Tag Archives: carbon footprint

Local vs vegan – which is better for the planet?

Many people advocate buying local as a way to reduce the greenhouse gases causing climate change. Buying from local or regional farmers who grow and raise your food, so that it doesn’t have to be shipped a long distance, saves the CO2 used in transportation, but in fact doing so only saves about 10 percent of the total greenhouse gases that are generated in growing and processing most of the food we eat, according to an expert who has analyzed where most of the climate impact of our food comes from.

It’s the kind of food that ends up on the truck that determines the carbon footprint, explains Sandra Noonan, the Chief Sustainability Officer of Just Salad, a restaurant chain, and it is one more reason to switch to a plant-based diet. Supporting local farmers is always a good idea, but it doesn’t have a huge impact on our carbon footprint, since most of the greenhouse gases generated in producing food happen earlier than the final step of trucking it to your local market or store.

More important from a sustainability point of view than how far it has travelled, is what the food actually is. The big advantage here goes to plant foods. One new report published by Stanford University says that by shifting away from meat and dairy, we could lower our climate impact by 68 percent.

Buying locally sourced beef is almost never going to be a better option than shifting to a plate of all vegetables, legumes, fruit, and whole grains. Locally raised beef is still worse for the environment than buying broccoli or lentils that was grown further away and had to be shipped across the country to your store, although of course, locally grown plant foods are best of all.

Now, companies like Just Salad and others are adding labels to ingredients and the food they serve up, that shows the environmental impact of our dish, how much CO2 was burned, and methane was released in the growing, harvesting, processing, and transporting of our food from soil to bowl and beyond. It’s here that consumers will see the big difference between plant foods and animal foods. Let’s hope these new labels will help encourage more people to switch to plant-based options.

Menu items labeled for their carbon footprint

At the COP26 conference, running from Oct 31 to Nov 12 in Glasgow, Scotland, every item on the food menu had its climate impact indicated.  The COP26 conference is promoted as having the goal of promoting a global response to the climate crisis.  While many commitments have been made by various countries participating, most people agree that their promises won’t be nearly enough to reach the goal of only a 1.5 degree increase in average global temperatures, and this was particularly evident in the case of their approach to food.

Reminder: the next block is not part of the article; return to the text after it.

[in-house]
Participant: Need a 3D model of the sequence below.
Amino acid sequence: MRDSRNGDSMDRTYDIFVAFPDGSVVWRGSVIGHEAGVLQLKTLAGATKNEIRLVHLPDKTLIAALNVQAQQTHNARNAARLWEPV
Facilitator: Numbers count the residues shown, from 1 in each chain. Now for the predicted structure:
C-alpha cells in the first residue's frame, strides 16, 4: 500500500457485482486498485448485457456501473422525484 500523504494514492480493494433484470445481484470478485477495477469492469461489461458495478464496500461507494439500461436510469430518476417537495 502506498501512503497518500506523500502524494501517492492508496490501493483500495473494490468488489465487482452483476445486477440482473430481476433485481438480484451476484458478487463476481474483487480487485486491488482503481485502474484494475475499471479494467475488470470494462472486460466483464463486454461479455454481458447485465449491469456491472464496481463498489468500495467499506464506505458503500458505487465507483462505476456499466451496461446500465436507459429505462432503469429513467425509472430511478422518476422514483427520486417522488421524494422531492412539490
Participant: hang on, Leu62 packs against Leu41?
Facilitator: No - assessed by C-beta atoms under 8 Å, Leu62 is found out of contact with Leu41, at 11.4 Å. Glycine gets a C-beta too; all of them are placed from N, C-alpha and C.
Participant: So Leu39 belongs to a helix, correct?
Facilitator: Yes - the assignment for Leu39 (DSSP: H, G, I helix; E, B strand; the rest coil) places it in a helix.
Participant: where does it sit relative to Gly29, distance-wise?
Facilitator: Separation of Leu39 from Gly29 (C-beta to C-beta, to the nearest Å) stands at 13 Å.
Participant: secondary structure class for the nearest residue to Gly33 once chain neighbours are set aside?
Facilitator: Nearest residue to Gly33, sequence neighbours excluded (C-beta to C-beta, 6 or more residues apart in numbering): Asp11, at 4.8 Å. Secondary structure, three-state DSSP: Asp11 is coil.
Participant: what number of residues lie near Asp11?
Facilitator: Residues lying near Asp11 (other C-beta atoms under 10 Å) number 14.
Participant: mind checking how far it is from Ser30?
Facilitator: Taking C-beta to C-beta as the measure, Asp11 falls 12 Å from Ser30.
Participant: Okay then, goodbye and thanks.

One of the most impactful ways that this goal could be achieved is by eliminating the consumption of animal products, especially beef.  To that end, many organizations and demonstrators have been pushing for the conference to provide only plant-based food during the event, to demonstrate their acknowledgement that meat and other animal products are so devastating to the environment.  While the conference organizers weren’t willing to go that far, they did come up with a novel way to educate attendees on the impact of their food choices.

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Single biggest way to reduce your impact

Footprints - greenFollowing a plant-based diet can be the “single biggest way” to reduce your environmental impact on earth, a new study suggests. Researchers at the University of Oxford found that cutting meat and dairy products from your diet could reduce an individual’s carbon footprint by up to 73%. Meanwhile, if everyone stopped eating these foods, they found that global farmland use could be reduced by 75%, an area equivalent to the size of the US, China, Australia and Europe combined. Not only would this result in a significant drop in greenhouse gas emissions, it would also free up wild land lost to agriculture, one of the primary causes of mass wildlife extinction.

According to the authors, “A vegan diet is probably the single biggest way to reduce your impact on planet Earth, not just greenhouse gases, but global acidification, eutrophication, land use and water use.” They also noted that it has a far bigger impact than cutting down on your flights or buying an electric car, which would only reduce greenhouse gas emissions.

The new study, published in the journal Science, is one of the most comprehensive analyses to date into the detrimental effects farming can have on the environment and included data on nearly 40,000 farms in 119 countries.

So if you consider yourself an environmentalist, but you still eat animal products, think again! Avoiding the consumption of animal products delivers far better environmental benefits than trying to purchase sustainable meat and dairy.

Learn more about the impact of our food choices on the planet.